I just came across this sentence:

> I don't know who you're.

As a native English speaker, that strikes me as grammatically incorrect, but I can't for the life of me figure out what rule it breaks.

@codesections I don't know the fancy names, but the reason it's grammatically incorrect is because if it were "you're" then you would expect another word after it.

(as opposed to "you are" which would end the sentence)

@dajbelshaw @codesections it's a weird rule too, because some contractions are fine for ending sentences.

"You can't"
"But you're"
"it isn't"

@rune @codesections

🤔 Hmm...

Are you suggesting that those contractions are OK for ending sentences? I'm not sure I would agree that they would be grammatically correct outside of direct speech... 😃

@rune @dajbelshaw @codesections Wait, where do people really say, “But you’re”? I live between the Midwest and the South of the U.S., and I’ve never heard it.

@IslandUsurper sorry that middle one was an example that doesn't work.

@rune @dajbelshaw @codesections I think it is less of breaking a grammatical rule than misusing the stylistic device of the ellipsis. With "You can't", the speaker implies "You can't do that." respectively (maybe a bit contrived) "It isn't like that."
"But you're" also feels wrong to me. At least I don't know what you mean, there is something missing, what "are you"?

So I agree, it is weird, probably because people have different expectations and someone else may know how to complete this.

@dajbelshaw @codesections has some discussion on it, though I think I like this explanation best:
"Contractions can be used in any position in a sentence; however, homophone contractions such as "it's" and "they're" sound better when followed by another word or phrase. The reason is that the sounds of "its" and "it's" and "they're" and "their" are so similar that they can be confusing unless they are used with the context of an additional word. "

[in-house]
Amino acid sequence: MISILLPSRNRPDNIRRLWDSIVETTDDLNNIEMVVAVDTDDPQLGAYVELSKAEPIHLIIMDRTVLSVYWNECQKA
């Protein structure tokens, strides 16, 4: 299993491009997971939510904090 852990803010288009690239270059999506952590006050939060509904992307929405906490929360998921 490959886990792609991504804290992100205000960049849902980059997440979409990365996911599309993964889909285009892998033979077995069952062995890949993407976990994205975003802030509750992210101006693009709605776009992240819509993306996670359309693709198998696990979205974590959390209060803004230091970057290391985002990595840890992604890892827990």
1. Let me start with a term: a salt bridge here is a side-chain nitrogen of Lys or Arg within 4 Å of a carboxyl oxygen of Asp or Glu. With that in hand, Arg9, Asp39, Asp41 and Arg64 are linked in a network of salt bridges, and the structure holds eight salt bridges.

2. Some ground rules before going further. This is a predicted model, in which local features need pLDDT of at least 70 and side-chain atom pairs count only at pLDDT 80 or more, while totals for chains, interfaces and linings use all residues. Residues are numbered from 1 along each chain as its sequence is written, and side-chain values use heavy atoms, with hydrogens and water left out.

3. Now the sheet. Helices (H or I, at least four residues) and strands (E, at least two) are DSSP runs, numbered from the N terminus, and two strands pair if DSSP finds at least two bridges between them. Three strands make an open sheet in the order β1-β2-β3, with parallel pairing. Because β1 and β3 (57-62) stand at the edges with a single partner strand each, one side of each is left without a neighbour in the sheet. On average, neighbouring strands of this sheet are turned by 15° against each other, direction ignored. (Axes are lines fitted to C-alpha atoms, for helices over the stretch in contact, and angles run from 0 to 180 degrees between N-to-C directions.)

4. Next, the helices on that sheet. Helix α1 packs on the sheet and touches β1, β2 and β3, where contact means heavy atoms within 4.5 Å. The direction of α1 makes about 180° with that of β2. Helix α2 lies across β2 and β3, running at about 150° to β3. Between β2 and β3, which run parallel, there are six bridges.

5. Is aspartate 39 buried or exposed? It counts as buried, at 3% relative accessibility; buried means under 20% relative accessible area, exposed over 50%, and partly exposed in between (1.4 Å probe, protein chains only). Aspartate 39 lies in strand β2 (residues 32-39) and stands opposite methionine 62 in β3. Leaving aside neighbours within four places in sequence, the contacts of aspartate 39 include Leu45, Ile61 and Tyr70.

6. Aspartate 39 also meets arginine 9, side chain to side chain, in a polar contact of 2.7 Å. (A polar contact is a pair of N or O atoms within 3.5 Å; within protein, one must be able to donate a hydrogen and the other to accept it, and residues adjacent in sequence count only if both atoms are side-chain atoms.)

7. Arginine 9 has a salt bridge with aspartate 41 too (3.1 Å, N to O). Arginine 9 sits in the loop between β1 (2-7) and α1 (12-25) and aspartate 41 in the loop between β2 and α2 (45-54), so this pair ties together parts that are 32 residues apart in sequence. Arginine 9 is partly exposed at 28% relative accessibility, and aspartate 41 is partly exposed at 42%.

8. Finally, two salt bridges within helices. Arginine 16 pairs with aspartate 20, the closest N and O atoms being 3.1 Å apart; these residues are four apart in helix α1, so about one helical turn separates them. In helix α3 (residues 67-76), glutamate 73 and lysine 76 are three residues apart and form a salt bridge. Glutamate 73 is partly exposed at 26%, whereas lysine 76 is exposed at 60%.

@codesections Technically legal, "I do not know who you are." But a trailing contraction is unusual.

@codesections it doesn't break any *hard rules*. It breaks the soft rule that you shouldn't end a sentence with a contraction.

This is because until relatively recently, contractions were a form of slang. Shakespeare really made contractions popular, but also Tennyson and Pope and others did so as well.

More recently, certain contractions have become codified in our grammars.

"You're" is a word now

"E'now, th'eternal" are both examples that have fallen out of favor.

@codesections these are all carry over soft rules from the French hard rules.

@codesections not gonna lie. I wrote a paper that was published in the Journal of English Linguistics and Philological Studies that touched on this very point. This very question just makes me feel all warm inside... finally, I actually k.ow something.

I could give a whole semester of lectures on the rules of contraction and their history.

:jrbd: :jrbd: :jrbd:

@codesections It breaks the "Never end a sentence in 'you're'" rule.

@codesections contractions can only be used when the verb they contract is in the transitive form